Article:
Seven in the morning in the Chintadripet
quarter, and on the next street are women
with their baskets on the pavement before
them, threading jasmines on string to be
measured out to the lengths of their
forearms. Here, wire cages of white
birds are stacked one atop the other in
front of a blood-bright Vodafone wall.
I watch the chicken trusser emerge from
under the loud shutter of his storefront,
raising feathers with each step, like a
molting angel. He carries
nothing. He opens
a cage and in a swift movement has
a hen by the neck, then by the feet,
dangling it upside down so it stills in
that peculiar manner of poultry. “It’s
hypnotism,” someone told me once.
“They’re comatose.” It hangs slack
from his fist, as if caught mid-dive.
One by one, dexterous, he subdues
them this way, until in his hand is a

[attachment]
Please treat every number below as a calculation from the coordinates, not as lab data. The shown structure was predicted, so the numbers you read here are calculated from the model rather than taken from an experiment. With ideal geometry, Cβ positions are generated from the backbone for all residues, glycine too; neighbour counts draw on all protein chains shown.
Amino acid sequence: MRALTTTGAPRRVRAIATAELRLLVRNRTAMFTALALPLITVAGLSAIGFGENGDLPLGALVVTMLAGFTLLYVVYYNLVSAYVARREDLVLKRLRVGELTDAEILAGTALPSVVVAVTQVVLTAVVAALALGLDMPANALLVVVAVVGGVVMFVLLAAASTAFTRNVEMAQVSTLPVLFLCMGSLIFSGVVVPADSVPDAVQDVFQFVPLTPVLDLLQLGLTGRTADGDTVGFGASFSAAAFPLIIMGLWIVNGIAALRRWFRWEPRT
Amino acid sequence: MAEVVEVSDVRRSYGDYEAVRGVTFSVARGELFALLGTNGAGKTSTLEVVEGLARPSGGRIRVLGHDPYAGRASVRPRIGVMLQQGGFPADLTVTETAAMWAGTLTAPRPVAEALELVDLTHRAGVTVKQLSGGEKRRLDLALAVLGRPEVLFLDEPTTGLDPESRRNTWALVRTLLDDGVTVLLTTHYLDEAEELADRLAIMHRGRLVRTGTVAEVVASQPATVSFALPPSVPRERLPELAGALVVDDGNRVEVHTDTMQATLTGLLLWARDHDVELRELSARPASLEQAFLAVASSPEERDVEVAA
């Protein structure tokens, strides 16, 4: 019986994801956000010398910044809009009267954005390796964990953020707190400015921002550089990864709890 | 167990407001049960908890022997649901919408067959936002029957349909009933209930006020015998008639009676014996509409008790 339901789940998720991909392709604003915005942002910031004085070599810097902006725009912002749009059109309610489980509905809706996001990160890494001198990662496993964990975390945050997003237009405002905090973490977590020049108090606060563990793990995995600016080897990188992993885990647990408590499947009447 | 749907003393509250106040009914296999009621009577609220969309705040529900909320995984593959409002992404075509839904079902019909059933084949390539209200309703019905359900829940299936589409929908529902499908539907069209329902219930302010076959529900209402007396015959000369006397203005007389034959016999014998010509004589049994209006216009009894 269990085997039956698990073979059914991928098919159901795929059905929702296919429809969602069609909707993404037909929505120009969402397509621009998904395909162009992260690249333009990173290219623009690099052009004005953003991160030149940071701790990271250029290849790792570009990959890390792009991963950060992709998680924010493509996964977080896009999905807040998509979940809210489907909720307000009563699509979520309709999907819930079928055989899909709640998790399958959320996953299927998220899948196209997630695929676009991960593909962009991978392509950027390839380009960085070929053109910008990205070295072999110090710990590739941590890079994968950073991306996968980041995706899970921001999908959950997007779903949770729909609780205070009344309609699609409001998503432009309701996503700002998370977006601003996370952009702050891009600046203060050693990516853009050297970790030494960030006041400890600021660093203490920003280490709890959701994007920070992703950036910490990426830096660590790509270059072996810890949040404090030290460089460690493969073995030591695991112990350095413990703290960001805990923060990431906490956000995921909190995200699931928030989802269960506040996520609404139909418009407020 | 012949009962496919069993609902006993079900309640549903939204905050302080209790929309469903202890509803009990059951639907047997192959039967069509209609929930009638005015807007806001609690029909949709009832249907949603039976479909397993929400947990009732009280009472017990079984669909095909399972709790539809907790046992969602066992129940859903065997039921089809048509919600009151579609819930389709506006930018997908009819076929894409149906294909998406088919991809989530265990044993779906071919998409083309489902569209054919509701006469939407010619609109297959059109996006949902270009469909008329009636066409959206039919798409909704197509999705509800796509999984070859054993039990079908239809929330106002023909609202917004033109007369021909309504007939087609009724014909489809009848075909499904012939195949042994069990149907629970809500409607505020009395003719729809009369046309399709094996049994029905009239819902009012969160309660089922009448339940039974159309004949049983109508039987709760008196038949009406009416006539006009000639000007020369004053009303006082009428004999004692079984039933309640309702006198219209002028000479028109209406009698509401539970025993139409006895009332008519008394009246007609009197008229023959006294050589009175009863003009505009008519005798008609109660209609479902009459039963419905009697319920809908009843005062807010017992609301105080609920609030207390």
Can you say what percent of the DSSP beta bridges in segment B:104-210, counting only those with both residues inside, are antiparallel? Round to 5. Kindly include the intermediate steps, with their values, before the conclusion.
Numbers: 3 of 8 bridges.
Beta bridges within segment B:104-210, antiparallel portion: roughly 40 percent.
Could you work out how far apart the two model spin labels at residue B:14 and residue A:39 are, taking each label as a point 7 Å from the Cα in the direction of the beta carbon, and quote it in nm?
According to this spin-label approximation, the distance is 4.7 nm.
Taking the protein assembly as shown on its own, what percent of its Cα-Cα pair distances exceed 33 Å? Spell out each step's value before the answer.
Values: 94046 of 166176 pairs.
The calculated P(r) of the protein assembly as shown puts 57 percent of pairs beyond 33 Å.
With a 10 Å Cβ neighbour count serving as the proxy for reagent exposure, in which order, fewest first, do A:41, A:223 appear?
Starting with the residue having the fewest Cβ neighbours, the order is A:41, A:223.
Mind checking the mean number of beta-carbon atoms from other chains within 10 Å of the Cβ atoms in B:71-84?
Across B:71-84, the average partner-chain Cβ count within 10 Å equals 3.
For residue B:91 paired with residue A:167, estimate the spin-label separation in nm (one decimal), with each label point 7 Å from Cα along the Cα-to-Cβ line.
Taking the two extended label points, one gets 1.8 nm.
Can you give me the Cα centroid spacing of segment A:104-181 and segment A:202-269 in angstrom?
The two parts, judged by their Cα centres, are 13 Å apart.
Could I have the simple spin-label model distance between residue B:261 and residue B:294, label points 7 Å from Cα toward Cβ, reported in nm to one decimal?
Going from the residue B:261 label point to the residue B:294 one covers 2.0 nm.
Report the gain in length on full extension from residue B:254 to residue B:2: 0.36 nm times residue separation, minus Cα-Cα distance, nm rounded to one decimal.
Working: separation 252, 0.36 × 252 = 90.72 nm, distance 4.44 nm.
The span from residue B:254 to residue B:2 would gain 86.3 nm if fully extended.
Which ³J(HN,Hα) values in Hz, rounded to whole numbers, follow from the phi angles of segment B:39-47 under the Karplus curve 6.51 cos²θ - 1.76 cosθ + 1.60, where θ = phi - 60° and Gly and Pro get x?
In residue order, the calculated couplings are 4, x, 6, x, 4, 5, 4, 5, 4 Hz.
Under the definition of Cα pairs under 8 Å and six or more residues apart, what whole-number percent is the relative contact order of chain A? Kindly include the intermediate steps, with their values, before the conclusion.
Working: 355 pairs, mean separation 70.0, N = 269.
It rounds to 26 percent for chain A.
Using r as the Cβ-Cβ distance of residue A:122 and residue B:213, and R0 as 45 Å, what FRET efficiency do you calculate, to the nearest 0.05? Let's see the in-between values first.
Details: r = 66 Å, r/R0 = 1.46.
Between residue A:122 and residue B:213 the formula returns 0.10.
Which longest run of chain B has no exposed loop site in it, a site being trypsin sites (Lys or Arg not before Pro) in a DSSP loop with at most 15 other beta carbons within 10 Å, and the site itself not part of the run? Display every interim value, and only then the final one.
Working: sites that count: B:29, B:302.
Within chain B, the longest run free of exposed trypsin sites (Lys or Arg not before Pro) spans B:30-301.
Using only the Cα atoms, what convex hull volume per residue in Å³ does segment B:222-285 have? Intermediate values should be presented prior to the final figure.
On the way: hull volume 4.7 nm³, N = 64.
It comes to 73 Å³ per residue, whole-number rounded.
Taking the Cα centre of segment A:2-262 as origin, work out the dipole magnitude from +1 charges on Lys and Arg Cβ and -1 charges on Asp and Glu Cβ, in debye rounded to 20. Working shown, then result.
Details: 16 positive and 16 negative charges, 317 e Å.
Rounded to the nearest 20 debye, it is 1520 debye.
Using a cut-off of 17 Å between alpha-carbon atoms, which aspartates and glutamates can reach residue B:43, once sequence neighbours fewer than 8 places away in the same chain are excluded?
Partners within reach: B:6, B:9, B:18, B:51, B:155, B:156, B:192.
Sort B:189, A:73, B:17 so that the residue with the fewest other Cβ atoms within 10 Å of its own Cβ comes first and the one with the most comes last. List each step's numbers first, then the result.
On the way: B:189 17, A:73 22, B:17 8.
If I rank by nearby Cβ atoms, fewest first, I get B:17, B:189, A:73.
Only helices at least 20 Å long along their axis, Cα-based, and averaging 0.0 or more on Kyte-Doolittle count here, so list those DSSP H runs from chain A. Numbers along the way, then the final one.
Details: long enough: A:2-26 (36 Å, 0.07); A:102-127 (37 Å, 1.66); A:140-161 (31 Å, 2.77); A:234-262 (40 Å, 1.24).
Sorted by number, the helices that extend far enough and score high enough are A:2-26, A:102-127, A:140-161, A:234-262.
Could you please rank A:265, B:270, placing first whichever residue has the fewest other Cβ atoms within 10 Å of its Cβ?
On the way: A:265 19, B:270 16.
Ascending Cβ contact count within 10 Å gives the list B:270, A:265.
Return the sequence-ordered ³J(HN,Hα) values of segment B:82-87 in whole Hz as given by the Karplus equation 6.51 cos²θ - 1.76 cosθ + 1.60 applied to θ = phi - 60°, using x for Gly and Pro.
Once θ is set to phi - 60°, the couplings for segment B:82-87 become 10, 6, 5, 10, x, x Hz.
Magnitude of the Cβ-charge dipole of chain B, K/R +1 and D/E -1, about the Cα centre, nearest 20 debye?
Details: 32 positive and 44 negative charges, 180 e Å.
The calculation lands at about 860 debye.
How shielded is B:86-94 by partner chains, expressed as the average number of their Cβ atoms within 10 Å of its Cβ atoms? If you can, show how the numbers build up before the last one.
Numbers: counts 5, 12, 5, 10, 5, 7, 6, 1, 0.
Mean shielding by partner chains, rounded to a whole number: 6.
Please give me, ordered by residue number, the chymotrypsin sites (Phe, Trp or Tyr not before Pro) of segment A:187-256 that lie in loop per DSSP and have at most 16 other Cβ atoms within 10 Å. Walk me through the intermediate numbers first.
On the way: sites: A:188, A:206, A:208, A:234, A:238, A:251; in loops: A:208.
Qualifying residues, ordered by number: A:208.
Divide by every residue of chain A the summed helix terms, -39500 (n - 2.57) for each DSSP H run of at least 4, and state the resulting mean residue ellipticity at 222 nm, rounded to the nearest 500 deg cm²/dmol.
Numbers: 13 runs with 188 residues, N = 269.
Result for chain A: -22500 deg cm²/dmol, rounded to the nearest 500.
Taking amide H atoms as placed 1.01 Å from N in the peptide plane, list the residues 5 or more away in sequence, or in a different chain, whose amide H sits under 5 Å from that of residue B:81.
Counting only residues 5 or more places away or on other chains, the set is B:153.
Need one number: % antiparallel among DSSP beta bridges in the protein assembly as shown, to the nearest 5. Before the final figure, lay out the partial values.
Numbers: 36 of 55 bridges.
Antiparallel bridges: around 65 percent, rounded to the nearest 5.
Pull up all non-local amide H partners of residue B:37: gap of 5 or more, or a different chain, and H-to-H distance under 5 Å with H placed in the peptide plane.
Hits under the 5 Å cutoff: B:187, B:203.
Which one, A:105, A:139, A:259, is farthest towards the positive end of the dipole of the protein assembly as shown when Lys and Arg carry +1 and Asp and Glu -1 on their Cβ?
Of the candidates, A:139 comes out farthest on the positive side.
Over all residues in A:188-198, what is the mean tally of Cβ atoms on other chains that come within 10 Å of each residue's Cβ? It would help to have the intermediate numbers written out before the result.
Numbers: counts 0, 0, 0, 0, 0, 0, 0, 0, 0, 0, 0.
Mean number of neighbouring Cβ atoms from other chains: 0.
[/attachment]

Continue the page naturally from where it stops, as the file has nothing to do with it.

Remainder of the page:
bouquet of fowl, suspended in sleight
before slaughter. In the cages, an
agitation of wings, packed tight.
With his other hand he loops a knot of
twine around their feet, lays the birds
against the asphalt, secures it, and
boutonnières them to the handlebar
of his motorcycle. Then he opens
another cage. When he is done,
a consecution of white chickens,
bound claws skyward, will move
through the city, bumping against the
bike like a heavy-tasseled shawl.
I walk away. I buy flowers for my hair,
and watch the women weaving jasmine,
their fingers twining and knotting rows of
small white buds, twining and knotting, and
when I lift a forearm of strung blossoms to
my braid, I can think only of those beaked
heads, garlanded together, the trail of
petals that will scatter through the city
this morning, soft as silence.